2020 By the Numbers: Miami vs. NC State

2020 By the Numbers: Miami vs. NC State

Stefan Adams
With Miami set to take on NC State tonight, CIS took a deep-dive and compared both programs. How do the teams match up in key areas of the game, which players were recruited by the other school, and how does the series history shake out? Let's find out.


Head-to-Head

Miami Rush Offense vs. NC State Rush Defense


After a monstrous start, Miami’s running game has slowed down massively over the past three weeks, and they are now 55th nationally of 115 FBS teams with 169.5 ypg. While QB D’Eriq King continues to churn up grass with his legs (50.0 rushing yards per game), RB Cam’Ron Harris has been stymied with just 35 yards on 28 carries (1.3 ypc) over his past three games, and complained about playing time after seeing just 1 carry in the second half of UM’s win over UVA last game. Miami’s OL has also had trouble getting push up front, and has allowed defenders to break into the backfield with alarming consistency lately (12.3 TFL over past 3 games). With the Miami run game in flux, the perfect cure could come this week in the form of NC State’s run defense, as they are 77th nationally in allowing 182.0 ypg and just let up 326 yards on the ground in their last game vs. UNC. Still, sophomore LB Payton Wilson has had a strong first half of the season, leading NC State in tackles with 53 and he has also recorded 5.5 TFL and 2 INT. Like with past opponents, NC State’s defensive strategy will certainly be to stack the box to try and limit UM’s run game, and the Canes have not shown the ability to overcome that lately.

Advantage: Even


NC State Rush Offense vs. Miami Rush Defense

NC State’s running game has been unspectacular overall in 2020, as they are 82nd in the country with a lowly 131.8 ypg on the ground. Junior RB Ricky Person (4.6 ypc) and sophomore RB Zonovan Knight (5.9 ypc) split carries pretty evenly; despite a limited output, the duo has found some success at times and do have the talent to get loose when they have space. The Canes have been average at defending the run in 2020 (56th at 150.8 ypg allowed), and let UVA rip off consistent chunk runs in their last outing to total 185 yards rushing. However, NC State does not have a running threat at QB like the Cavs did, and UM completely shut down the last bad running attack they faced with no QB running threat in Pitt (22 yards rushing).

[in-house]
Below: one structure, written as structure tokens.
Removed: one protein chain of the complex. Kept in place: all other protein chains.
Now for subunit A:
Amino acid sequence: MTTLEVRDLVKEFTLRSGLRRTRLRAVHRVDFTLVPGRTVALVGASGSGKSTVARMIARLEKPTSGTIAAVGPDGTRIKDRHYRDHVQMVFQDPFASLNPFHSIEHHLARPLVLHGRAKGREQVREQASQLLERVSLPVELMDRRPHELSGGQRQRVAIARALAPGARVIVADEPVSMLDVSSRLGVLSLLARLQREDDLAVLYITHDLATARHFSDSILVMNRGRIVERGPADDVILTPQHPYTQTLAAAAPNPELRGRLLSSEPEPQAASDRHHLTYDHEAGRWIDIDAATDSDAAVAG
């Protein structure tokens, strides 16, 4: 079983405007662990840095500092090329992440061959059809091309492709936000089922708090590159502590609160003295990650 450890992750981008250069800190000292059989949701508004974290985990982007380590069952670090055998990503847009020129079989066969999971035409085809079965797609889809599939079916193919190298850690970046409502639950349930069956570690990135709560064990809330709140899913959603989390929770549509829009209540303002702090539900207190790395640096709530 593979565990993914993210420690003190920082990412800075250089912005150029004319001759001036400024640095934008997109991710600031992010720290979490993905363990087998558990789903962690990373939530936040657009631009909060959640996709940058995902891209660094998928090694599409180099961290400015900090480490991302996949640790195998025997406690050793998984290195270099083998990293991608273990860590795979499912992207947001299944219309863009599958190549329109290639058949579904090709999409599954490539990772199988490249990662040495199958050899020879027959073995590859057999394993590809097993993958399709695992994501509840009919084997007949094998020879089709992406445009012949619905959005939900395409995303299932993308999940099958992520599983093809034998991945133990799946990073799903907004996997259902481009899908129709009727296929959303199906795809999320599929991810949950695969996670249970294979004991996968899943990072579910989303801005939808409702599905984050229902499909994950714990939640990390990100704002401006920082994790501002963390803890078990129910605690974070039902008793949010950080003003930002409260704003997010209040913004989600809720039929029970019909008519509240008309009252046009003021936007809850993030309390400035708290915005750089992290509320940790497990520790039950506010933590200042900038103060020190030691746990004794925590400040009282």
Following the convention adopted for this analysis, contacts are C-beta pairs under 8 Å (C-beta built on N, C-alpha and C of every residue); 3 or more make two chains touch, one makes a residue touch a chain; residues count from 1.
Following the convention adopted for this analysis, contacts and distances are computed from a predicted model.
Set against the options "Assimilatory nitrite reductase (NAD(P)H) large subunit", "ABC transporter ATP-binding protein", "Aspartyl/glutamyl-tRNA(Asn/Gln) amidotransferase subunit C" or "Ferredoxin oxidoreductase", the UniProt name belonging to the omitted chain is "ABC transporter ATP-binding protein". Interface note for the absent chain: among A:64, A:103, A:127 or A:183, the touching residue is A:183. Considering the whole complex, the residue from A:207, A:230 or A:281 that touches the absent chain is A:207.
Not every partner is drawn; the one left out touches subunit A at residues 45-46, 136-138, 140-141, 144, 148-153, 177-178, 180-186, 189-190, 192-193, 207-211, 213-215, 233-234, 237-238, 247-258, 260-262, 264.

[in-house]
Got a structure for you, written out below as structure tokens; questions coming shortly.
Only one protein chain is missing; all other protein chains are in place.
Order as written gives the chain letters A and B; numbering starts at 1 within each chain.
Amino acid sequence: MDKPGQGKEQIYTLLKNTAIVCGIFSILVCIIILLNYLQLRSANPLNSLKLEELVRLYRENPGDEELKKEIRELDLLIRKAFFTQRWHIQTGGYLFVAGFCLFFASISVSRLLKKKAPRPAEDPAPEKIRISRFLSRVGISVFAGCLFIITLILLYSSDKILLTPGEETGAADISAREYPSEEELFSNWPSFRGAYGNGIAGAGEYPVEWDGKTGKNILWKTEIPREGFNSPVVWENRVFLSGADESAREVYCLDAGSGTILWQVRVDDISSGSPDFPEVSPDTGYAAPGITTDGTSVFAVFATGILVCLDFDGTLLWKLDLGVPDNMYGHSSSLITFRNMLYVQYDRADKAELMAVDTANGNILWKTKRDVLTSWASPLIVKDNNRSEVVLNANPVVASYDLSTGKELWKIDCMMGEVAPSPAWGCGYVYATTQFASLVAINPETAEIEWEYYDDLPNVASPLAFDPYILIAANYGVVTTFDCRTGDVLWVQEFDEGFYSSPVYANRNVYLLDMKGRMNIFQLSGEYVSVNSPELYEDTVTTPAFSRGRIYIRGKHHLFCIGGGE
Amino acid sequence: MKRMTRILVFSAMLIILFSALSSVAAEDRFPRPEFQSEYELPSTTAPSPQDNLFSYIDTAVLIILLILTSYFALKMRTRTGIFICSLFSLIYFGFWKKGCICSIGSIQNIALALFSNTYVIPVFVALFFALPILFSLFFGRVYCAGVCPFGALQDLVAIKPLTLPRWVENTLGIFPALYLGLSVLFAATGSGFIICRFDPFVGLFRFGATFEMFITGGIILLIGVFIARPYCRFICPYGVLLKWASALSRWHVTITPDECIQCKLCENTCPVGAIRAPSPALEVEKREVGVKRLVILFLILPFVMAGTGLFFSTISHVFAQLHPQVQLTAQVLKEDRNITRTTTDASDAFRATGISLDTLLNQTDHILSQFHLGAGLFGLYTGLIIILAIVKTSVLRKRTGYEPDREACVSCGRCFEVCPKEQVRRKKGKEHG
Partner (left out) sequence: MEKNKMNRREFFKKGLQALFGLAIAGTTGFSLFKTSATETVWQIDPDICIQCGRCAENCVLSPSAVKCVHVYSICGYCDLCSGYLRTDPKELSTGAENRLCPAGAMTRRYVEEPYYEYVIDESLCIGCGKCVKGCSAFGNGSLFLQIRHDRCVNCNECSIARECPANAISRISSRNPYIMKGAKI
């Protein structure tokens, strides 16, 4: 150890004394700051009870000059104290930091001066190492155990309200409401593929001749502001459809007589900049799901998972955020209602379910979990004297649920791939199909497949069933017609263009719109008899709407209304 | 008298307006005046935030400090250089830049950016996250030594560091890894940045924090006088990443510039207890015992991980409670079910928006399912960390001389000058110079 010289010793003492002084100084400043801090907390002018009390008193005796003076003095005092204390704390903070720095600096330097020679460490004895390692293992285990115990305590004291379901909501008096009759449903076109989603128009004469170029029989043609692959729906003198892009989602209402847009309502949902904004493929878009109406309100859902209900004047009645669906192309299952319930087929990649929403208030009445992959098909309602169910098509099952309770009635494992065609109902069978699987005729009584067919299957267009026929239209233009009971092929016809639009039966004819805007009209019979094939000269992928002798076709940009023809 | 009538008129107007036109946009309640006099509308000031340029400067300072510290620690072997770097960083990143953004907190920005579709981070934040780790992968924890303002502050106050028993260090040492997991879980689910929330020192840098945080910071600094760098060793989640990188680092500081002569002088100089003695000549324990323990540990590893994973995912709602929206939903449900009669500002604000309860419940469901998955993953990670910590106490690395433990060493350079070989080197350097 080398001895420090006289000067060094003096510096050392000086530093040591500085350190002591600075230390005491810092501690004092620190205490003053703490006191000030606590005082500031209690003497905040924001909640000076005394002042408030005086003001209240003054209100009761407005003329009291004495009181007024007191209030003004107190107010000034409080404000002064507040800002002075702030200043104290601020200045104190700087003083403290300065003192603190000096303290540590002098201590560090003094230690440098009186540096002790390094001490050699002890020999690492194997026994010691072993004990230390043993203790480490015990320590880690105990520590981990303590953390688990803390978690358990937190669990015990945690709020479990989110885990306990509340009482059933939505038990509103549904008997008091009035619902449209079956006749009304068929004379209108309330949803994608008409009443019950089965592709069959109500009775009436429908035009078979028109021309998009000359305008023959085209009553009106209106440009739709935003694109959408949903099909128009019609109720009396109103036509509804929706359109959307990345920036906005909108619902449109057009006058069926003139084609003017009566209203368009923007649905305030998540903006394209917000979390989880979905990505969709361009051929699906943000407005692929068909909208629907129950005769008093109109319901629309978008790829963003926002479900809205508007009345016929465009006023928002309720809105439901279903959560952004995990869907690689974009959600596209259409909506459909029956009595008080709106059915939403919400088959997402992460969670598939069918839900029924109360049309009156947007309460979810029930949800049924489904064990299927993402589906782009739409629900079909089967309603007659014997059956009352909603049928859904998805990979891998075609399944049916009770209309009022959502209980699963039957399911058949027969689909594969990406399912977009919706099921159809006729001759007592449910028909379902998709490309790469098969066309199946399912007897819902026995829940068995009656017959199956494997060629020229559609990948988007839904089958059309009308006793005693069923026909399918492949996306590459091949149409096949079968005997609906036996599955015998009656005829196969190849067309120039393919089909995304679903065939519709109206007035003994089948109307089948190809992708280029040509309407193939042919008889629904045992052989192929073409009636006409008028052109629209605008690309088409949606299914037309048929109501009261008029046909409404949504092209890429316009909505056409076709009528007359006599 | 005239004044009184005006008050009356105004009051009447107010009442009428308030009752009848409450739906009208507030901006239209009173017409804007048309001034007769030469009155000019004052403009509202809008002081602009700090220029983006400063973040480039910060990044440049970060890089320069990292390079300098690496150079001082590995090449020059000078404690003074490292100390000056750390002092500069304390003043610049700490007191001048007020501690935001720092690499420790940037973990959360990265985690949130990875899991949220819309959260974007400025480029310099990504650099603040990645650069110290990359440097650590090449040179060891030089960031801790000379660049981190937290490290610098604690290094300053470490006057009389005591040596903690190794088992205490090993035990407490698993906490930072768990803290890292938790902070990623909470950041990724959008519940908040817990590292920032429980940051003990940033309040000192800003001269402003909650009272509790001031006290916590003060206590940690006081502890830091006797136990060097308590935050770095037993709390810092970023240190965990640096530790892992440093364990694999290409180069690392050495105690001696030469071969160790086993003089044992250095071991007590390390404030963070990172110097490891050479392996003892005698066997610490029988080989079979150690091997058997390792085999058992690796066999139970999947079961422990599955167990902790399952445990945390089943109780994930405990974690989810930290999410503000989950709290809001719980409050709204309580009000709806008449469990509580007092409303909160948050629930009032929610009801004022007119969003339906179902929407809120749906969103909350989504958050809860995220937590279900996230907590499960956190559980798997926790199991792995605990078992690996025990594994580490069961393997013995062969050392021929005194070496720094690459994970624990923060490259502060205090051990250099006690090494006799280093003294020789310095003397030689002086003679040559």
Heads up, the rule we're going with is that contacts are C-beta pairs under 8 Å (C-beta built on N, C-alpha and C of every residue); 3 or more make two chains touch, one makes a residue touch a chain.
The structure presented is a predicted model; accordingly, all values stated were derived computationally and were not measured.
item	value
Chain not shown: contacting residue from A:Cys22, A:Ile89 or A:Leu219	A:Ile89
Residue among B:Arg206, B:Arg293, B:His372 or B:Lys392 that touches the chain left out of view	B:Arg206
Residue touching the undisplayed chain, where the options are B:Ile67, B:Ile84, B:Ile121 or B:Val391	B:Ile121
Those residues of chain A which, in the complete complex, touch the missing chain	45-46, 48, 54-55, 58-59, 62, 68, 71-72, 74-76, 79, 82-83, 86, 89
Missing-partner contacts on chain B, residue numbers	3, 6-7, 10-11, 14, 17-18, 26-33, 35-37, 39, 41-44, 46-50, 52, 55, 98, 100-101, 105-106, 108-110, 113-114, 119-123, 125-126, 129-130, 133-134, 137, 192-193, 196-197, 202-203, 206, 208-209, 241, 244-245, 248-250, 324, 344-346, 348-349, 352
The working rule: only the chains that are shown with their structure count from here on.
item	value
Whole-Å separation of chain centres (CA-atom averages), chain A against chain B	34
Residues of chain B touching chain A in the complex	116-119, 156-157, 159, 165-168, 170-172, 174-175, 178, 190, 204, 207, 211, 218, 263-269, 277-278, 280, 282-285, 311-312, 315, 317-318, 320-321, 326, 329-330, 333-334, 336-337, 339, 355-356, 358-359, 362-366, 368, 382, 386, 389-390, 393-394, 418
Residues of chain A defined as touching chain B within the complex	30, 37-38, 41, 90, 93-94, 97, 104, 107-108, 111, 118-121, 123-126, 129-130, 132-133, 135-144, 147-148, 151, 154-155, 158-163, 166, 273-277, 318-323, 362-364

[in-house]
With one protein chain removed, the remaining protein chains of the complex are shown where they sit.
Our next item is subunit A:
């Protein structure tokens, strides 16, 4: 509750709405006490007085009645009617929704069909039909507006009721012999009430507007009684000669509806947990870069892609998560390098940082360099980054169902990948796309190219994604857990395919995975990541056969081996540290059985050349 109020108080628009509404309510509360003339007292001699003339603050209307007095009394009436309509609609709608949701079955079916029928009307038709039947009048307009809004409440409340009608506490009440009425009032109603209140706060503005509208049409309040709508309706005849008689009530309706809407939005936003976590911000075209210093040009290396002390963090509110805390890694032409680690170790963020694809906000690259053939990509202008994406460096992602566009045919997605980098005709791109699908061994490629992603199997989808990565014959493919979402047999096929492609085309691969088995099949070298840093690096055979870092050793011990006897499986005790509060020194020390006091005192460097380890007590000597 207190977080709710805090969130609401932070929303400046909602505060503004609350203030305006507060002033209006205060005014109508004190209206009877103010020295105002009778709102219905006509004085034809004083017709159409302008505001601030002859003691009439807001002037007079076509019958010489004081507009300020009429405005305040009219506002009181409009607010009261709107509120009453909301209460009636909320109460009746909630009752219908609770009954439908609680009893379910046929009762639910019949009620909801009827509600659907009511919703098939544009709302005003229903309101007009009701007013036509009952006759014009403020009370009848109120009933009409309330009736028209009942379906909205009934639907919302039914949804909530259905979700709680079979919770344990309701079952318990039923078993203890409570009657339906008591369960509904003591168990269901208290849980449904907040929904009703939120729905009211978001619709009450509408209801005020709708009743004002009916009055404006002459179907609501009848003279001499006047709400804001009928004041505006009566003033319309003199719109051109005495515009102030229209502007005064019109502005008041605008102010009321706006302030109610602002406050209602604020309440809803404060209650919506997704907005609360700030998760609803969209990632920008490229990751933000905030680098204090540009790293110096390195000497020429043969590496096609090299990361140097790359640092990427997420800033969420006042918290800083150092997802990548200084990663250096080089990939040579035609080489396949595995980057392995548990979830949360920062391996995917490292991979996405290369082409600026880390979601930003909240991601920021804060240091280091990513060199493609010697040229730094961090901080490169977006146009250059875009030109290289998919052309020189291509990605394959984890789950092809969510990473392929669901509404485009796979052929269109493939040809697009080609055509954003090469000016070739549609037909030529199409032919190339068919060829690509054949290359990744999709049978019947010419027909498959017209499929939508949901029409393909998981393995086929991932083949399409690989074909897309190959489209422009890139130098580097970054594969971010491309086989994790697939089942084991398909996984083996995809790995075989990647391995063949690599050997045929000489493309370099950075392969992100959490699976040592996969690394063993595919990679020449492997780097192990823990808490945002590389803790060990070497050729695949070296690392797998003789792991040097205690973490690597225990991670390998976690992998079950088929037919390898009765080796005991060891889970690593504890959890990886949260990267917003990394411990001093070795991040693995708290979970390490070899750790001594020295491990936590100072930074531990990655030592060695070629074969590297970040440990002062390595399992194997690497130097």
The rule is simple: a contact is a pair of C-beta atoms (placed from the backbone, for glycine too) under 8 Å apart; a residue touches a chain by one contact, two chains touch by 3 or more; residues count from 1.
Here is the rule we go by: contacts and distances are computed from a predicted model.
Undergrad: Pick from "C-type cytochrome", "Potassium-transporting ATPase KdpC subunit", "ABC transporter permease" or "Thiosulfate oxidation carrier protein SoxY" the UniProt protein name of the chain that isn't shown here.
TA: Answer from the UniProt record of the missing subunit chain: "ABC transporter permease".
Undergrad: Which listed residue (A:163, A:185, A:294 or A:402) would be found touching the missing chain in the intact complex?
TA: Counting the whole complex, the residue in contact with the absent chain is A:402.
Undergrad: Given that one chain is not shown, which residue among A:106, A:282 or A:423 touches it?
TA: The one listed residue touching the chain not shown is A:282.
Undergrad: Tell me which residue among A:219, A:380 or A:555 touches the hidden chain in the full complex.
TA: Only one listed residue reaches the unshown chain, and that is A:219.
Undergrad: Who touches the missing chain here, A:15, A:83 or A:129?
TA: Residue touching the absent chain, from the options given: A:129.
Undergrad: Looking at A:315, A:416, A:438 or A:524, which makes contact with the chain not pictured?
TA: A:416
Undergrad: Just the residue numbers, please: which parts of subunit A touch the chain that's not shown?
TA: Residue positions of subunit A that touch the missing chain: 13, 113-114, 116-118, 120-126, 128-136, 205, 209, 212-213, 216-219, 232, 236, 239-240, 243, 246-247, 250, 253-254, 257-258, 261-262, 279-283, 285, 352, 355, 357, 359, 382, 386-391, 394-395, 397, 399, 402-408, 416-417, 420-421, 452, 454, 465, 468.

Advantage: Miami


Miami Pass Offense vs. NC State Pass Defense

UM’s pass game has ebbed and flowed this season, but finally had a true breakout in their last game vs. UVA, and that ultimately evens them out at 45th nationally with 244.2 ypg. Miami has shown the ability to be both efficient and explosive at times behind the arm of King (61.0% completions, 7.7 ypa, 11-4 TD-INT ratio), and will be getting one of the best TE’s in the country back in the lineup this week with Brevin Jordan (18 receptions) returning from a shoulder injury. WR Mike Harley is now the 12th leading receiver in the ACC (27 catches) after a career-high 10 catch game vs. UVA and will look to keep that momentum going vs. the Wolfpack.

The Canes’ big breakthrough last game came against one of the worst passing defenses in the country, and the NC State secondary isn’t much better, as the Wolfpack are 84th nationally in giving up 265.5 ypg. Redshirt freshman corner Shyheim Battle has flashed at times though, recording 24 tackles, 5 PBU, and an INT in 2020. NC State’s pass rush has been strong thus far, though, averaging 3.17 sacks per game, which is good for #22 in the country, and they are led by senior DE Daniel Joseph (4 sacks). That could be problematic for a UM offensive line that has struggled badly the past three weeks in allowing 14 sacks. If the Canes’ OL gives King even a semblance of a consistent pocket to operate from, he should dice up this weak last line of defense.

Advantage: Miami


NC State Pass Offense vs. Miami Pass Defense